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Apple's reorganization is about more than replacing Scott Forstall
In the roughly 24 hours since Apple announced a major restructuring of its executive management, virtually every technology publication and much of mainstream media has weighed in on the change. Most have focused on the decision to remove Scott Forstall as Senior VP of iOS, a decision that is largely seen as benefiting Apple.
But the reorg actually has much broader effects. In particular, removing iOS from Forstall's control, and putting it under Mac OSX leader Craig Federighi, could have important implications for how enterprises use both products.
There are a range of reasons believed to be involved in the decision to remove Forstall from his post (though he will remain with the company as an advisor to CEO Tim Cook).
- Forstall allegedly refused to sign a letter to Apple customers apologizing for the recent iOS 6 Maps debacle -- Apple's CEO Tim Cook signed an apology instead. Leading iOS meant that Forstall had ultimate responsibility for Maps (and iOS 6 in general) as well as Siri. Both features have been major embarrassments for Apple, largely because the company portrayed them as being much more polished solutions than they actually are.
- Forstall was reportedly a fiery individual who was difficult to work with -- so difficult in fact that Apple's industrial design guru Jony Ive refused to sit in meetings with him.
- Forstall has also reportedly been trying to consolidate his power and influence at Apple in the year since Steve Job passed away. He was a long-time associate of Jobs and had worked with him at NeXT, the computer company Jobs founded after leaving Apple that was also his vehicle to return when Apple purchased NeXT in 1997. It's believed that his long association with Jobs was one reason that his brand of fiery and divisive leadership was tolerated during his years at Apple.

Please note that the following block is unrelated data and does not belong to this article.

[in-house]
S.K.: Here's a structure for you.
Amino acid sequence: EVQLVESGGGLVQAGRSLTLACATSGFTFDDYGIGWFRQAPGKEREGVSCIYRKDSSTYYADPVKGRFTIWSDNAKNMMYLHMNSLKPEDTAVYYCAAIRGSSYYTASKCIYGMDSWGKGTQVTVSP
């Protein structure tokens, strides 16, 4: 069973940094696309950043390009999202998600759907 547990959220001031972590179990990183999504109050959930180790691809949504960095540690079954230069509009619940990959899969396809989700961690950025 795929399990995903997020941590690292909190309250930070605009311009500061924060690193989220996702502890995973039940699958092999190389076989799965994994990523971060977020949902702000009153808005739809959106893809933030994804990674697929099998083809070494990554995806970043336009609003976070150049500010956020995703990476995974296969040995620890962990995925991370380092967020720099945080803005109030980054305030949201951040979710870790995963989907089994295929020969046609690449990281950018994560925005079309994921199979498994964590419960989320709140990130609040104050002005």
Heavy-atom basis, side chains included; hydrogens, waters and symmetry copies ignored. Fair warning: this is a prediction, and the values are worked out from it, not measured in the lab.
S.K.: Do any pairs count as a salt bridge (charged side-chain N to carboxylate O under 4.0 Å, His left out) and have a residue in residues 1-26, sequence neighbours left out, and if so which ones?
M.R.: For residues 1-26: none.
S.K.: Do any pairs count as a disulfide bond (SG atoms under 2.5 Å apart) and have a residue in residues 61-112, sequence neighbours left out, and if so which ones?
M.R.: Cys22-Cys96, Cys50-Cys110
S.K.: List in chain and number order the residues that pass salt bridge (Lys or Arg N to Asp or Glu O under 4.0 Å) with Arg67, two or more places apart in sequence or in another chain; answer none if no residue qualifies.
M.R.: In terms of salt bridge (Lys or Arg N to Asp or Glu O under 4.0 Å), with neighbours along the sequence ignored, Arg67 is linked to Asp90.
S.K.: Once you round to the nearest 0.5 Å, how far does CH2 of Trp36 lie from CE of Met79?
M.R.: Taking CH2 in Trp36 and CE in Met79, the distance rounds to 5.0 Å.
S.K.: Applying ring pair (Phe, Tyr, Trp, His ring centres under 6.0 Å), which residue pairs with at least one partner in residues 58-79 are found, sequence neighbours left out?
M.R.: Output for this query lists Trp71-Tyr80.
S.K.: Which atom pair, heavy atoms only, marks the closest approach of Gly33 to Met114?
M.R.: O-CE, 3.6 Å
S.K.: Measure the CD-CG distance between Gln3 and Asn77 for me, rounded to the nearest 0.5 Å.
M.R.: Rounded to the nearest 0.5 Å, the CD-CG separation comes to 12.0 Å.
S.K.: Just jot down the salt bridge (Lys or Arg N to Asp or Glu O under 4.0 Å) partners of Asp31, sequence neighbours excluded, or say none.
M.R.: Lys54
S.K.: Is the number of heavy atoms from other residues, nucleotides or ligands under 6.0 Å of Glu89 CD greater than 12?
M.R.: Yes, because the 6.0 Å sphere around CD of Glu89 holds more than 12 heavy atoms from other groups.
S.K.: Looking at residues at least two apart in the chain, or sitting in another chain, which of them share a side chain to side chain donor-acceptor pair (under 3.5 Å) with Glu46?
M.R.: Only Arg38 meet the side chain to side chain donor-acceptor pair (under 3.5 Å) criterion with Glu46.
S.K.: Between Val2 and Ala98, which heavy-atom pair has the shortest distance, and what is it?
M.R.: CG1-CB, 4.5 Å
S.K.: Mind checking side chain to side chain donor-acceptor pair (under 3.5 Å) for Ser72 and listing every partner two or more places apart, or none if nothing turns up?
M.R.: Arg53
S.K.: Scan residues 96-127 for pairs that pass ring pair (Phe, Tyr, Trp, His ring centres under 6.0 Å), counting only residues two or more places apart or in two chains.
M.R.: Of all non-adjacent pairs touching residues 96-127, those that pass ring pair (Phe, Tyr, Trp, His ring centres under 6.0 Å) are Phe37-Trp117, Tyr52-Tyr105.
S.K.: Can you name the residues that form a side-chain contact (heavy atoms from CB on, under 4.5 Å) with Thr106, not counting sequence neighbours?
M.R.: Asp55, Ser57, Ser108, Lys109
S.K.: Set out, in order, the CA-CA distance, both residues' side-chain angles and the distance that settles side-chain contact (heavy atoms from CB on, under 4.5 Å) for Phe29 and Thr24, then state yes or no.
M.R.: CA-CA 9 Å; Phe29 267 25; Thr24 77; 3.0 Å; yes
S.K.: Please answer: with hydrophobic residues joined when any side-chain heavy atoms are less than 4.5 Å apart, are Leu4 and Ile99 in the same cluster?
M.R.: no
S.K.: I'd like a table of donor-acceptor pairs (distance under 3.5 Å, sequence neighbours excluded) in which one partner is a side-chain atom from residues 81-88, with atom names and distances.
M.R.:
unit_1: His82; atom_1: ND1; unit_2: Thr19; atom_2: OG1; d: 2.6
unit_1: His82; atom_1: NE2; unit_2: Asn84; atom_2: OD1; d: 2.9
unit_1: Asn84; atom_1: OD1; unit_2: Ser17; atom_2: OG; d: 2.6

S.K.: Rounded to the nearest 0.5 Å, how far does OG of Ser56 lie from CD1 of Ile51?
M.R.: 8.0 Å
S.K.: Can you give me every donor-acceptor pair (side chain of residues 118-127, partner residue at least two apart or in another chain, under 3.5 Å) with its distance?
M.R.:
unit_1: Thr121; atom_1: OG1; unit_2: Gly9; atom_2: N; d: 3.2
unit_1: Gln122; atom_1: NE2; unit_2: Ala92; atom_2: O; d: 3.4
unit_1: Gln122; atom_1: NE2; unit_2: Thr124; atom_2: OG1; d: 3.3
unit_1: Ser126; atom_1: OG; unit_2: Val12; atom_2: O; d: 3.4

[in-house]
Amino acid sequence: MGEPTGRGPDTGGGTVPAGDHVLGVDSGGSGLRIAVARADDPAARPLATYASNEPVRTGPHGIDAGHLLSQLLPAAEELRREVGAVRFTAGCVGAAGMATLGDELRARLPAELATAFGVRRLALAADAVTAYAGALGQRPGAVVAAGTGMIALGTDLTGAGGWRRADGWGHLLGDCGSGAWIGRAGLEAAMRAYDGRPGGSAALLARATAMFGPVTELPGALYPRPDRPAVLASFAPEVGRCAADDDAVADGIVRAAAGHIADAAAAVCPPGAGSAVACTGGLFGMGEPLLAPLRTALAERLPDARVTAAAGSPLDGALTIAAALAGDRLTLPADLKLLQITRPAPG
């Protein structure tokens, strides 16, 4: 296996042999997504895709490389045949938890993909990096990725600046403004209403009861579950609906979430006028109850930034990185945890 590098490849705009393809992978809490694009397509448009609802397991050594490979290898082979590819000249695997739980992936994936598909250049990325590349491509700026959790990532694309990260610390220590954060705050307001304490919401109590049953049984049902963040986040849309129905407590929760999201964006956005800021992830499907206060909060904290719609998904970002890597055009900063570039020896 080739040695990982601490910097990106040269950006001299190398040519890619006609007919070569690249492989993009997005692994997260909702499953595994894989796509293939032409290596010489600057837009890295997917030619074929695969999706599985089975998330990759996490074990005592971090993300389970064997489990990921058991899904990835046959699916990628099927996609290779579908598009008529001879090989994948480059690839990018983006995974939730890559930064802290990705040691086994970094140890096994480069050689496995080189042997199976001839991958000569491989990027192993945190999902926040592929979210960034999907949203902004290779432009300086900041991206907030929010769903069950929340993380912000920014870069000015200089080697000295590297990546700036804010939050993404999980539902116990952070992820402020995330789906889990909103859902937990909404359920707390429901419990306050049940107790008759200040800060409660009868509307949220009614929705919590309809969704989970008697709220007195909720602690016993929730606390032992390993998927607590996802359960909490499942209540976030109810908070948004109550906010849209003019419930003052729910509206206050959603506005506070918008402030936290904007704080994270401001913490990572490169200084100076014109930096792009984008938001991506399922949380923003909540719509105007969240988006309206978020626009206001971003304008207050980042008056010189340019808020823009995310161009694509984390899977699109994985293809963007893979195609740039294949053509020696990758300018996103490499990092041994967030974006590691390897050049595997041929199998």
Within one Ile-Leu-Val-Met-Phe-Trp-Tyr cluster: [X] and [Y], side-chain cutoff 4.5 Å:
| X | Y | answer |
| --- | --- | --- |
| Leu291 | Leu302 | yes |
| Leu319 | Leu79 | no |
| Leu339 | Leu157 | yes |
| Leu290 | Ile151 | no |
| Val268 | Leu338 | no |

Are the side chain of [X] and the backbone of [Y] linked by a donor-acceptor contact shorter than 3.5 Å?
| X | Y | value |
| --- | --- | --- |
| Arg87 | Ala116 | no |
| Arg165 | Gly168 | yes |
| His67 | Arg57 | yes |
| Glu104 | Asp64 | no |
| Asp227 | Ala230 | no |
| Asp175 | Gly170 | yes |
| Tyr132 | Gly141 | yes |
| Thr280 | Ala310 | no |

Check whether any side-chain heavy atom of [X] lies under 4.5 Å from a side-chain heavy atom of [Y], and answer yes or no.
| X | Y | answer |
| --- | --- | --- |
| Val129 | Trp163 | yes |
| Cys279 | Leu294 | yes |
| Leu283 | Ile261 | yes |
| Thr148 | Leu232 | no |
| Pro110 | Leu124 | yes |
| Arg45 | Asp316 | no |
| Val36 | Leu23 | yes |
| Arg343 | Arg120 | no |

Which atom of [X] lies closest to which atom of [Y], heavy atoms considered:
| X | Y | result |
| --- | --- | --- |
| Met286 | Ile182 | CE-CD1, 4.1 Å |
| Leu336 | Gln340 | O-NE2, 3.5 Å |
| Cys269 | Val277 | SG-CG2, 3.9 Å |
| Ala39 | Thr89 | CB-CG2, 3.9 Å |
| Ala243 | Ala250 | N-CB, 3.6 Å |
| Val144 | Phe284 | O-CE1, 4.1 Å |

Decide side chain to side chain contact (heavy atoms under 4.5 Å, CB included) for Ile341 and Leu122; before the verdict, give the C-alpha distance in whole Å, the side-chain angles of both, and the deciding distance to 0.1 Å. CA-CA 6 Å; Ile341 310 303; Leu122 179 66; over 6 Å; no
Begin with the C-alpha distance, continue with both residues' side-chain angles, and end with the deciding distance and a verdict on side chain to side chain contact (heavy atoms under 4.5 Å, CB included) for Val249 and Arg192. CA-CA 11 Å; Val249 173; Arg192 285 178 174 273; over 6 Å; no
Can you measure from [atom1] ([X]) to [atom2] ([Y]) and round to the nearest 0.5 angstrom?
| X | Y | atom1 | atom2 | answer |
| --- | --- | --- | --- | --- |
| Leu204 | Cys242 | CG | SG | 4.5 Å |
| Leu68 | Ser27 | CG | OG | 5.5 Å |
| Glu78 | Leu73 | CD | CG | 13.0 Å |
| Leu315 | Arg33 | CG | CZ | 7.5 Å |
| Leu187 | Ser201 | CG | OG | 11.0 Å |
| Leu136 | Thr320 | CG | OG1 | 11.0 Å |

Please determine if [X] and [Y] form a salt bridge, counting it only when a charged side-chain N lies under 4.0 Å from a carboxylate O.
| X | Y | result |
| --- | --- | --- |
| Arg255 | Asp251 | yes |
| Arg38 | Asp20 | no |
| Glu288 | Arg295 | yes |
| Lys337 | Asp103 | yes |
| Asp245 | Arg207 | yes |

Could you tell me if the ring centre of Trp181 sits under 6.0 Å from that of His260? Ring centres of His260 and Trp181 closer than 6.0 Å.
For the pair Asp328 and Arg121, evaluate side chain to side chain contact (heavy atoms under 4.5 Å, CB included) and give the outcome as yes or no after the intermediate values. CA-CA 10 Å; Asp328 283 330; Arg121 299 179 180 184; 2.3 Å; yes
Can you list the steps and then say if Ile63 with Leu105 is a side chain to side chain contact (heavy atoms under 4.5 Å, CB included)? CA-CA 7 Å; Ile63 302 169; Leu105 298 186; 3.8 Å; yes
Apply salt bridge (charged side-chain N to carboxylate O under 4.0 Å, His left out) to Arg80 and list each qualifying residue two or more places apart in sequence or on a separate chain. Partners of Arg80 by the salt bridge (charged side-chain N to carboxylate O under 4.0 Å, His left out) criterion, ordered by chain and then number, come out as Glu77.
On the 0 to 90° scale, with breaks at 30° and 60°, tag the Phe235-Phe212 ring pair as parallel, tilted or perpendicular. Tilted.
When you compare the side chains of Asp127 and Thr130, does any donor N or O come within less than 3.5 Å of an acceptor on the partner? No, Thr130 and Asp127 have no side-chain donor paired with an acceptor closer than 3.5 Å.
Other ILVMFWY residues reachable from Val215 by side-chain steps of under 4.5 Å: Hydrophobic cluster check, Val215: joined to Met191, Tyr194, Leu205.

Perhaps, however, the simplest and most major reason for the change has been the assessment of Daring Fireball's John Gruber:
Thinking about it some more, though, and considering what I know about Forstall’s reputation within the company, I think that headline, euphemistic though it is, tells the plain truth: Forstall was an obstacle to collaboration within the company. Now he’s gone, and his responsibilities are being divided between four men who foster collaboration: Ive, Mansfield, Cue, and Federighi.
The reasons that Forstall was fired are major parts of the story. So is the presumed reason that he will remain a paid Apple employee until some time next year. As Cult of Mac's Leander Kahney pointed out, California law prevents enforcement of non-compete clauses in employee contracts -- that means that once Forstall leaves Apple, he is free to work for any technology company that he chooses. Given all of his experience at Apple, it's easy to assume that any company would be thrilled to hire him as soon as possible. Keeping him on the Apple payroll for as long as possible is therefore essential.
Beyond the story of Forstall's downfall at Apple, however, there's the question of what the reshuffled management means for the company going forward. That may turn out to be the far bigger story here.
Apple's press release seems to make it clear that this reorganization is about more than just axing Forstall. It implies that the company is looking to leverage its resources across different product lines and disciplines. For a company that is focused on design, the human experience of its products, and a compulsive desire to push technology forward, enabling internal collaboration and technical cross-pollination is a key to furthering those lofty ambitions.
Thus the real story becomes how will Ive's vision translate across all levels of a product's design? How will Eddy Cue deliver a new level of value, one that's more about context than data itself, across iCloud, Maps, Siri, and the combined iTunes-based storefronts (iTunes, iBooks, iOS apps, Mac apps)? How will combining all the underlying technologies -- microprocessors, cellular antennas, and wireless networking -- into a single overarching group under Bob Mansfield help Apple to create technological advantages that other companies might not be able to duplicate?